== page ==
If there is a cylinder, and a cone inside the cylinder, shouldn’t one “empty space” on either side of the cone, be half the volume of the cone? It has the same height, radius, etc. Of a cone. So shouldn’t the equation for half a cone be 1/2 ( 1/3πr^2). Then meaning that both the halves equal one, and that a cylinder is equal to two cones instead of three??? I just don’t understand conceptually how they aren’t equal. Where is that third cone going?? Does it have something to do with it being 3D??? I’m not stupid I swear I just can’t visualize it😭

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It is indeed a matter of being 3D.

Instead of a cylinder, let’s first visualize a 2D version: a triangle. The area of a triangle is b*h/2: half the product of the base and the height; in other words, half the area of its enclosing rectangle. To picture this, imagine taking slices of the triangle. At the bottom, the length is b; a third of the way up, it’s 2/3 of b; at the top, it’s zero. On average, it’s half the length of the base, so multiply that by the height.

Now when we move to 3D, the volume of a prism or a cylinder is b*h: area of the base, times the height. Since every slice is just like the base, this makes sense. But when you draw a cone in the cylinder (or a pyramid inside a prism), what is the average area of a slice? When you are halfway up, that slice is not half the area of the base; it’s a quarter of the area. So you’re not taking the “average” of *x*, as you did with a triangle; you’re taking the average of *x*^(2) instead. This average, letting *x* go from 0 to 1, turns out to be 1/3 (the exact value requires calculus to explain).

It works with any “pyramid” of arbitrary shaped base. The base could be a circle (cone) or a triangle or a square or a rectangle or whatever. As long as there in a single point up top, the area is the (1/3)(area of base)(height).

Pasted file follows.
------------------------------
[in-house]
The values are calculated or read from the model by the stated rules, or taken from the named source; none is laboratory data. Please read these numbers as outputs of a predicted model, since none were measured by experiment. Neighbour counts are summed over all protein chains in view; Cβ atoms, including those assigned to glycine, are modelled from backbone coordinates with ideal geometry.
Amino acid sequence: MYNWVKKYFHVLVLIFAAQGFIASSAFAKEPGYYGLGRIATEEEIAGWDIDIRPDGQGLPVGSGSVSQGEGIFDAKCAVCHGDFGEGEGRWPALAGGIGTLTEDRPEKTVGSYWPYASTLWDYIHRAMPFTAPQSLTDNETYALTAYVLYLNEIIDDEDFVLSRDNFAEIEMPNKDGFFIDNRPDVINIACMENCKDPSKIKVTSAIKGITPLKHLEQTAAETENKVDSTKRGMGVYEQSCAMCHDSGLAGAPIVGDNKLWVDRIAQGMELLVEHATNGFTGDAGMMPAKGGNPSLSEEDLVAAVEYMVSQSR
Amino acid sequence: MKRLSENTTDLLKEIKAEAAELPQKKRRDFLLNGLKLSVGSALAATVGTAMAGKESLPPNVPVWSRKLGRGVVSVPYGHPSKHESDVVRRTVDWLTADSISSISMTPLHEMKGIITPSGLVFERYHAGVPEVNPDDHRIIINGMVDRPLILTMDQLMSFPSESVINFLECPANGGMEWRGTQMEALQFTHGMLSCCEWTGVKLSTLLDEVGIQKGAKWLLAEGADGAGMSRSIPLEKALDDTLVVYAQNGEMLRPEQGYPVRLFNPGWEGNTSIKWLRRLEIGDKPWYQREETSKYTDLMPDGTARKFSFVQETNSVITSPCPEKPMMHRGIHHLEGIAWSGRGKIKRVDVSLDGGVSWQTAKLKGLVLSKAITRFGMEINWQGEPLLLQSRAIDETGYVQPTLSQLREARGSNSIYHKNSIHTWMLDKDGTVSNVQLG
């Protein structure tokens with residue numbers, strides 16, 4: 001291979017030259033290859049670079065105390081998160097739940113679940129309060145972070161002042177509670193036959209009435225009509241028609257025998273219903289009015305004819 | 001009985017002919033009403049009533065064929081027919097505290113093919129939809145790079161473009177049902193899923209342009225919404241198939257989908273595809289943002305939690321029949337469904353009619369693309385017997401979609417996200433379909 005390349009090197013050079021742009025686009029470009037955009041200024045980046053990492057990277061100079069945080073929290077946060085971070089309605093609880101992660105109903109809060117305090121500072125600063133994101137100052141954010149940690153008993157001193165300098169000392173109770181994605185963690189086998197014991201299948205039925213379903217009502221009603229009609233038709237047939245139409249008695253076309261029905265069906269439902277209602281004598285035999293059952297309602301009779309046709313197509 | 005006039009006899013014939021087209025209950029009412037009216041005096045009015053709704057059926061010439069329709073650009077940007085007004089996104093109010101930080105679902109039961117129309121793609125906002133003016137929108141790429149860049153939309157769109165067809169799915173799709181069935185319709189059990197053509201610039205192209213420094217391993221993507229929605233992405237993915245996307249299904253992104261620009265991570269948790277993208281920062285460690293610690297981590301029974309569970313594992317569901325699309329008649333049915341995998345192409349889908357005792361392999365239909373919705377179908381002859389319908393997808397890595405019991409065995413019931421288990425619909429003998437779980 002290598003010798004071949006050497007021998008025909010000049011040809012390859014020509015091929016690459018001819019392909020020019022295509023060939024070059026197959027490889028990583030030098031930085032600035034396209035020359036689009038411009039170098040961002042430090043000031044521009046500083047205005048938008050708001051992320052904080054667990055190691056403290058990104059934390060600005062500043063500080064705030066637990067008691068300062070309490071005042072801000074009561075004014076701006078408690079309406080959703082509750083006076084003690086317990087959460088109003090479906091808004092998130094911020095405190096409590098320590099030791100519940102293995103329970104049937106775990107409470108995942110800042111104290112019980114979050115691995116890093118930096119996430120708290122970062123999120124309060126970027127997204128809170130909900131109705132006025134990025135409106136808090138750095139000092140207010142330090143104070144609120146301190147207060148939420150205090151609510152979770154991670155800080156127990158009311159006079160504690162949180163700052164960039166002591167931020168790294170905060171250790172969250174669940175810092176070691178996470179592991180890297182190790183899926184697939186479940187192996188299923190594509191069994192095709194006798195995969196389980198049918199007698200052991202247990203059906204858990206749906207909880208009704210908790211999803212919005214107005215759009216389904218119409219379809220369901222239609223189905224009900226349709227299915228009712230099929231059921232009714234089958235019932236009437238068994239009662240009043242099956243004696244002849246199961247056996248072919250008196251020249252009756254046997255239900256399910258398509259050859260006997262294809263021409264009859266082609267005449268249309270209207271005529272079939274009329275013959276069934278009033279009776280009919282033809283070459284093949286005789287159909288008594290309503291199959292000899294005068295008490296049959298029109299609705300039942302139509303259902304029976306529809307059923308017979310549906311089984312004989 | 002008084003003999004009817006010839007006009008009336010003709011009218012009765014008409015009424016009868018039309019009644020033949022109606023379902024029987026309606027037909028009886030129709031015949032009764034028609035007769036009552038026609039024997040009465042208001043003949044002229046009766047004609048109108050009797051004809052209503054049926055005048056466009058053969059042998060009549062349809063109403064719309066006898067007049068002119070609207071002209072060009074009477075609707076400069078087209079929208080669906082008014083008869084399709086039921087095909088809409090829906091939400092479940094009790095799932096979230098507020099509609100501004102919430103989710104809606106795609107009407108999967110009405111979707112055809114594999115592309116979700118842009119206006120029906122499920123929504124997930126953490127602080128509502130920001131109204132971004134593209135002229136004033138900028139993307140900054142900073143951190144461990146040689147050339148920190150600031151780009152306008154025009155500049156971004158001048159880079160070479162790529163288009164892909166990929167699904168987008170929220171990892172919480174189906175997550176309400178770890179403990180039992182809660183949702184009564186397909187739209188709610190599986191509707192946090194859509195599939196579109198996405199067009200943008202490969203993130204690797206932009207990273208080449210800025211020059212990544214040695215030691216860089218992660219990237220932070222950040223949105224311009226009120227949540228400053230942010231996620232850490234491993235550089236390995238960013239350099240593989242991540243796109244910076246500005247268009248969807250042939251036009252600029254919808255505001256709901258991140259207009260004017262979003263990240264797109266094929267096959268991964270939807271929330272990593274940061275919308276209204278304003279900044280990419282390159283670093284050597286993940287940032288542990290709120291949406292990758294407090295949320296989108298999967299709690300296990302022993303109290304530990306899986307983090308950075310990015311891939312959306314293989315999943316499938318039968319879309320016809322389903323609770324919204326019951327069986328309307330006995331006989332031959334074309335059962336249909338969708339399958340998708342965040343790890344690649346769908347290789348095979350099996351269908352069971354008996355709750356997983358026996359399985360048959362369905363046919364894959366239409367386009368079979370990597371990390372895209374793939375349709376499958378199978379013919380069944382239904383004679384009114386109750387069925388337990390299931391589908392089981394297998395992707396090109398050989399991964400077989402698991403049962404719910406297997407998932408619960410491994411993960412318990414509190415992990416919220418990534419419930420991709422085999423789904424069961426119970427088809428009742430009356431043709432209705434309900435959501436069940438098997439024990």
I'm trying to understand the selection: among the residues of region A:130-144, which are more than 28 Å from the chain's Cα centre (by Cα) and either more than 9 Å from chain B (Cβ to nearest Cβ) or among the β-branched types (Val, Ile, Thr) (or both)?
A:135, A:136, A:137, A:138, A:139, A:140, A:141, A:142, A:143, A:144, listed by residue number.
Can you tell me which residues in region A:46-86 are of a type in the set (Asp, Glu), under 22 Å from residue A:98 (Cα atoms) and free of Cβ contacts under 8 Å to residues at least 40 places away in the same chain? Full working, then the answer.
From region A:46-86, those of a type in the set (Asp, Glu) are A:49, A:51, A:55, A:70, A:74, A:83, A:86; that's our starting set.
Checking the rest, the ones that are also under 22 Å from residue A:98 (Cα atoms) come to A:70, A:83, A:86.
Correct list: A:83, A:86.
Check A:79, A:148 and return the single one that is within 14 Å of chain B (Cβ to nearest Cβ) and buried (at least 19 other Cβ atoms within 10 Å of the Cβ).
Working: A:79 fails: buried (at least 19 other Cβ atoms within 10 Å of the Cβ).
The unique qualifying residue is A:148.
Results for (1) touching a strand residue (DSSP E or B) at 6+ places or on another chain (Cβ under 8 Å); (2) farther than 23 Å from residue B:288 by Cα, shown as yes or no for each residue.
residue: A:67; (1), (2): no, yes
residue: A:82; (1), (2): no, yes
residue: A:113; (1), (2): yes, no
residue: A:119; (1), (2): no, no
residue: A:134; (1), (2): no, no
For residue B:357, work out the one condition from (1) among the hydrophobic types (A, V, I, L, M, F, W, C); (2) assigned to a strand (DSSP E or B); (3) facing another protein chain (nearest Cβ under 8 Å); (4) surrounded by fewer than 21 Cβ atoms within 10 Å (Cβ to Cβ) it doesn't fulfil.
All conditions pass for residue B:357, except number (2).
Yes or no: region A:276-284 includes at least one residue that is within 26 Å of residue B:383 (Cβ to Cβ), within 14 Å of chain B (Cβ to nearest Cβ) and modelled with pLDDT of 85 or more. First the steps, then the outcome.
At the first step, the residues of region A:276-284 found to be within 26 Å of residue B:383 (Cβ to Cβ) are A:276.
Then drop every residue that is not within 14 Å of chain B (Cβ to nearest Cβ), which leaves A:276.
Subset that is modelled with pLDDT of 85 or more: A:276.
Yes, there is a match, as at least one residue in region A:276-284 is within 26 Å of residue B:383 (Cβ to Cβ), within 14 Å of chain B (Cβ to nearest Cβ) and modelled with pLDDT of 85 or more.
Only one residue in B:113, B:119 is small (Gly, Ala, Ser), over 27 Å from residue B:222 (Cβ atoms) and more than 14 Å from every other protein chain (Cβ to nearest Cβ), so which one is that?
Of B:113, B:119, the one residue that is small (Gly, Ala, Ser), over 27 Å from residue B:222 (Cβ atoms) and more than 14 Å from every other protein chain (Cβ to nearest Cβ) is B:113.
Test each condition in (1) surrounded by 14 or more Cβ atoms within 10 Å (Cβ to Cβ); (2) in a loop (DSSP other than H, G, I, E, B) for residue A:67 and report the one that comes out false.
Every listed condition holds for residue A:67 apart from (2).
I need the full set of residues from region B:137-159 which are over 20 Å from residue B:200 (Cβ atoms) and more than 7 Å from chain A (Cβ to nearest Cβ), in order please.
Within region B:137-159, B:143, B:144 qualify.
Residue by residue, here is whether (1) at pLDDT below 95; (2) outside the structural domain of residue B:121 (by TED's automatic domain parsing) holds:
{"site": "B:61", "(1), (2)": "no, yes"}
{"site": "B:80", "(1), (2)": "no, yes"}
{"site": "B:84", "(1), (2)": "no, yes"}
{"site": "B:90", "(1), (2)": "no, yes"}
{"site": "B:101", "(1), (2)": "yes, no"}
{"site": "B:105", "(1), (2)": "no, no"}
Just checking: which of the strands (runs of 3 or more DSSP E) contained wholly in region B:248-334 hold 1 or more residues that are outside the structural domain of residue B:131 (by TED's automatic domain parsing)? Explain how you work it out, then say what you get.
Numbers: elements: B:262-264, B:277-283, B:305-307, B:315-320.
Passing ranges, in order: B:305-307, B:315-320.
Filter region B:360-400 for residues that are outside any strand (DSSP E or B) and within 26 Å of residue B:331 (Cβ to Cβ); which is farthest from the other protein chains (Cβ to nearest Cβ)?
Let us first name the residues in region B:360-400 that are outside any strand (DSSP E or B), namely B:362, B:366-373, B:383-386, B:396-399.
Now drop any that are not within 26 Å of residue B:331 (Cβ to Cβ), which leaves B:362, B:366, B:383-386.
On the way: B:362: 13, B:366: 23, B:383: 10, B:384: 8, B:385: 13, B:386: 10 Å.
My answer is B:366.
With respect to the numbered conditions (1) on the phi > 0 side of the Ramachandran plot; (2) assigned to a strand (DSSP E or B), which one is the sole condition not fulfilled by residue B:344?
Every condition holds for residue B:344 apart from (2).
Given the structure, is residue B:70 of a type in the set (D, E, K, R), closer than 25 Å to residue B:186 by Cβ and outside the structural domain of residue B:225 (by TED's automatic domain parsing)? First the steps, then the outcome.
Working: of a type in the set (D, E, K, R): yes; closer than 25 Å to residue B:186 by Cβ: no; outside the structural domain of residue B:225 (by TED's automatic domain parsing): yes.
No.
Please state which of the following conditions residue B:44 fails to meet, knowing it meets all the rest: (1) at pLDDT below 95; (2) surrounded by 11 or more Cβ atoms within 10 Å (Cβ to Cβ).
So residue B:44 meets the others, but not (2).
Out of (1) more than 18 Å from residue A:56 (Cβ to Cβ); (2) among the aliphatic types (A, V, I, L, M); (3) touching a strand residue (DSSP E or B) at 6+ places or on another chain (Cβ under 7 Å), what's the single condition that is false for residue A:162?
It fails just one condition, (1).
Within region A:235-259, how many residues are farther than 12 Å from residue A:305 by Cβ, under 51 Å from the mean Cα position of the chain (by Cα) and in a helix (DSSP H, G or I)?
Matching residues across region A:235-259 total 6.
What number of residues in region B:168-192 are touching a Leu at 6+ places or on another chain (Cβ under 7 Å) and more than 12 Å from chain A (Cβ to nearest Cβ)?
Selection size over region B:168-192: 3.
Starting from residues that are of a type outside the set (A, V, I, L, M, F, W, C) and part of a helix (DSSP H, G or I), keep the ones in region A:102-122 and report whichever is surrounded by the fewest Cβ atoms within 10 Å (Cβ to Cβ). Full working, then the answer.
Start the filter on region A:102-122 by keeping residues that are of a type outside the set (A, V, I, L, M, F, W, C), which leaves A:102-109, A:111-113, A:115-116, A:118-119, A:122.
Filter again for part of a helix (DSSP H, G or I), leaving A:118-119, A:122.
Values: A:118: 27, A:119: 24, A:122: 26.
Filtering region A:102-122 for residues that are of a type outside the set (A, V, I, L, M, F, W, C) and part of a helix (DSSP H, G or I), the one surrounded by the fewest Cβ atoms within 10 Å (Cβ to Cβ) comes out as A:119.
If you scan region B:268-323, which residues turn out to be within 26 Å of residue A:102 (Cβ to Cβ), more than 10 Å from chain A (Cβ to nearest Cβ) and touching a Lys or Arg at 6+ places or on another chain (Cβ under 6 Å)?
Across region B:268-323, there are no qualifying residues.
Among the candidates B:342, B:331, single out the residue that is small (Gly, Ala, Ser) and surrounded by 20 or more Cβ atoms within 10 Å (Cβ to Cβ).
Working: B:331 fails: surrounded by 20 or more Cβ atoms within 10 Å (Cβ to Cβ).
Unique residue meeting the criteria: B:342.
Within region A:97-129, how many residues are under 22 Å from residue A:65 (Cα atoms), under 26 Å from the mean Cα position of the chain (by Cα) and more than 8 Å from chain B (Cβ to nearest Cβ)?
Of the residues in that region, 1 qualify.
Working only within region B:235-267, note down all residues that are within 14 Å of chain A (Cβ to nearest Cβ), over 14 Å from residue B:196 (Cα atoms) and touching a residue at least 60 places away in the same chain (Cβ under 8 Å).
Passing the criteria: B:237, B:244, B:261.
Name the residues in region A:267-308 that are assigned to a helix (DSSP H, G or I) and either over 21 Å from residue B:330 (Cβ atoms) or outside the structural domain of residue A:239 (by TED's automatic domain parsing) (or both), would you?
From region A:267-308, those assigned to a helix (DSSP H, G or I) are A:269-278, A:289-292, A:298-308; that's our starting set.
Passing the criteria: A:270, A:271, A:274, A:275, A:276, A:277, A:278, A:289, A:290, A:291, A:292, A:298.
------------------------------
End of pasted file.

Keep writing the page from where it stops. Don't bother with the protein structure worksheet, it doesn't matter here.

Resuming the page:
It has to do with dividing it into cross-sectional areas that scale from 0 (at the point) to the full area of the base. What you are doing is summing areas (which are proportional to the “square” of the distance from the point) from the zero point to the base. When you sum squares, it turns out that the leading term is n^3 / 3. There’s other terms (for whole numbers, those terms would be n^2 / 2 and n/6 ) but to get an accurate volume you need to take very thin slices. Those lower terms become vanishingly small as you take thinner slices.

I guess that’s not really ELI5, but that’s the best that I can do. When you sum up progressively increasing squares you get a third of a cube.

What you say is only true for a slice that passes through the center of the cone perpendicular to the base. What does the next slice look like? Progress the slice (in parallel) towards one edge of the cone? Do you still have the non-cone area = cone area in that slice? In fact, do you expect to see a triangle?

It’s a Calculus thing. Going from a square to a cube is going from X^(2) to X^(3) . One of the rules of calculus is that exponents become coefficients. so X^(2) becomes 2X and X^(3) becomes 3X^(2) .

If you want to think about it more spacially, remember that area goes up expodentially with radius. A circle with a radius of 1″ has about 3.142 square inches while a circle with a radius of 2 has about 12.5 square inches of radius.